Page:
April 3, 2014

KNOWING WHAT WE KNEW:

Obamacare Lives! (Ross Douthaut, MARCH 31, 2014, NY Times)

[W]e do know that there won't be an immediate political unraveling, and that we aren't headed for the kind of extremely-low-enrollment scenario that seemed conceivable just a few months ago, or the possible world where cancellations had ended up outstripping enrollment, creating a net decline in the number of insured. And knowing that much has significant implications for our politics. It means that the kind of welfare-state embedding described above is taking place on a significant scale, that a large constituency will be served by Obamacare (through Medicaid as well as the exchanges) in 2016 and beyond, and that any kind of conservative alternative will have to confront the reality that the kind of tinkering-around-the-edges alternatives to Obamacare that many Republicans have supported to date would end up stripping coverage from millions of newly-insured Americans. That newly-insured constituency may not be as large as the bill's architects originally hoped, or be composed of the range of buyers that the program ultimately needs. But it will be a fact on the ground to an extent that was by no means certain last December. And that fact will shape, and constrain, the options of the law's opponents even in the event that Republicans manage to reclaim the White House two years hence.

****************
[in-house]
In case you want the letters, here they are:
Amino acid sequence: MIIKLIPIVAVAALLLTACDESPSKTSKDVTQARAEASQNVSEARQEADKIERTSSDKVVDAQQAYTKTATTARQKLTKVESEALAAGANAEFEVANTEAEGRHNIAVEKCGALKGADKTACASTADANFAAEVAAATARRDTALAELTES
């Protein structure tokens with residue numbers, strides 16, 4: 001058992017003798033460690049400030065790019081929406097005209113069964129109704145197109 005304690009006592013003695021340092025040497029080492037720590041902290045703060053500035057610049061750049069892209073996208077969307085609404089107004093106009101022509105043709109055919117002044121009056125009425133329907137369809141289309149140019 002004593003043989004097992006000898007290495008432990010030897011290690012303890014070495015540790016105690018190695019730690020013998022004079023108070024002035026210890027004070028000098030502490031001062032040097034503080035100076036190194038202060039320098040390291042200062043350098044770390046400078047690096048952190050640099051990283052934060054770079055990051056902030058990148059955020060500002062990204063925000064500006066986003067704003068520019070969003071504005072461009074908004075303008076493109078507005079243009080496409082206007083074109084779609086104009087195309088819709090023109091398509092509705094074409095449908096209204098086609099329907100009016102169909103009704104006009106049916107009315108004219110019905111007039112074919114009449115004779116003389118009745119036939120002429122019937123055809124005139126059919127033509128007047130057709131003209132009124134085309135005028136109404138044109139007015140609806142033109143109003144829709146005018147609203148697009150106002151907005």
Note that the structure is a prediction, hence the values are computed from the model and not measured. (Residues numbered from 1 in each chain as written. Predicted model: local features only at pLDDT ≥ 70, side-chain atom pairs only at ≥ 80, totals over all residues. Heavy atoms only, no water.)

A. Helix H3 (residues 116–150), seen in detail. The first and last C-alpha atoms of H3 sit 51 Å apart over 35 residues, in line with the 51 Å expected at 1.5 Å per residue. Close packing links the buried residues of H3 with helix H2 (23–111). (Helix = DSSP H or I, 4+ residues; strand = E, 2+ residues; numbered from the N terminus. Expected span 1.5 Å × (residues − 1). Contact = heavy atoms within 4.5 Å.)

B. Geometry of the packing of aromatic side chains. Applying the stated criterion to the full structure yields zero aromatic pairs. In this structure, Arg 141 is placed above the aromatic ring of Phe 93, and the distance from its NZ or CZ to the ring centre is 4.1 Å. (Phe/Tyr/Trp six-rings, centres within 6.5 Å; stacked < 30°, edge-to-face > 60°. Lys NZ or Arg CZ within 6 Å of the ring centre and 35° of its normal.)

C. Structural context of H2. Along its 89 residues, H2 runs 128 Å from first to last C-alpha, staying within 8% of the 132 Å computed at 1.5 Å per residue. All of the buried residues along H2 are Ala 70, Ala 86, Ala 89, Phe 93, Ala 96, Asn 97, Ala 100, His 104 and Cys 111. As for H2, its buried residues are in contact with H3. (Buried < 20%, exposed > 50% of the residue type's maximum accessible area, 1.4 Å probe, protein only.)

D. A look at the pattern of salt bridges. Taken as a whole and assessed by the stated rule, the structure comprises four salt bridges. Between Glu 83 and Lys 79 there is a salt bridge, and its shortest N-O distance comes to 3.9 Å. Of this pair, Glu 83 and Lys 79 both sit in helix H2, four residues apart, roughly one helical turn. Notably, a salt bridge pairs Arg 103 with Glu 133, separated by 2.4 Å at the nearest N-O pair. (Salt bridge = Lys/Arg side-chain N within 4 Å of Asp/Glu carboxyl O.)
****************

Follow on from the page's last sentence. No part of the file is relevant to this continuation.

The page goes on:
Such political and policy constraints, I should note, are potentially a good thing for would-be conservative reformers, since the serious right-of-center alternatives to Obamacare have always included policies to expand coverage, and with a coverage expansion accomplished, Republicans may find themselves effectively forced in a more serious direction. (This is a drum that Avik Roy, among others, has been beating for some time.)

We needed a Democrat to pass the mandate so that the future of the entitlement would by conservative.
Posted by at April 3, 2014 7:01 PM
  
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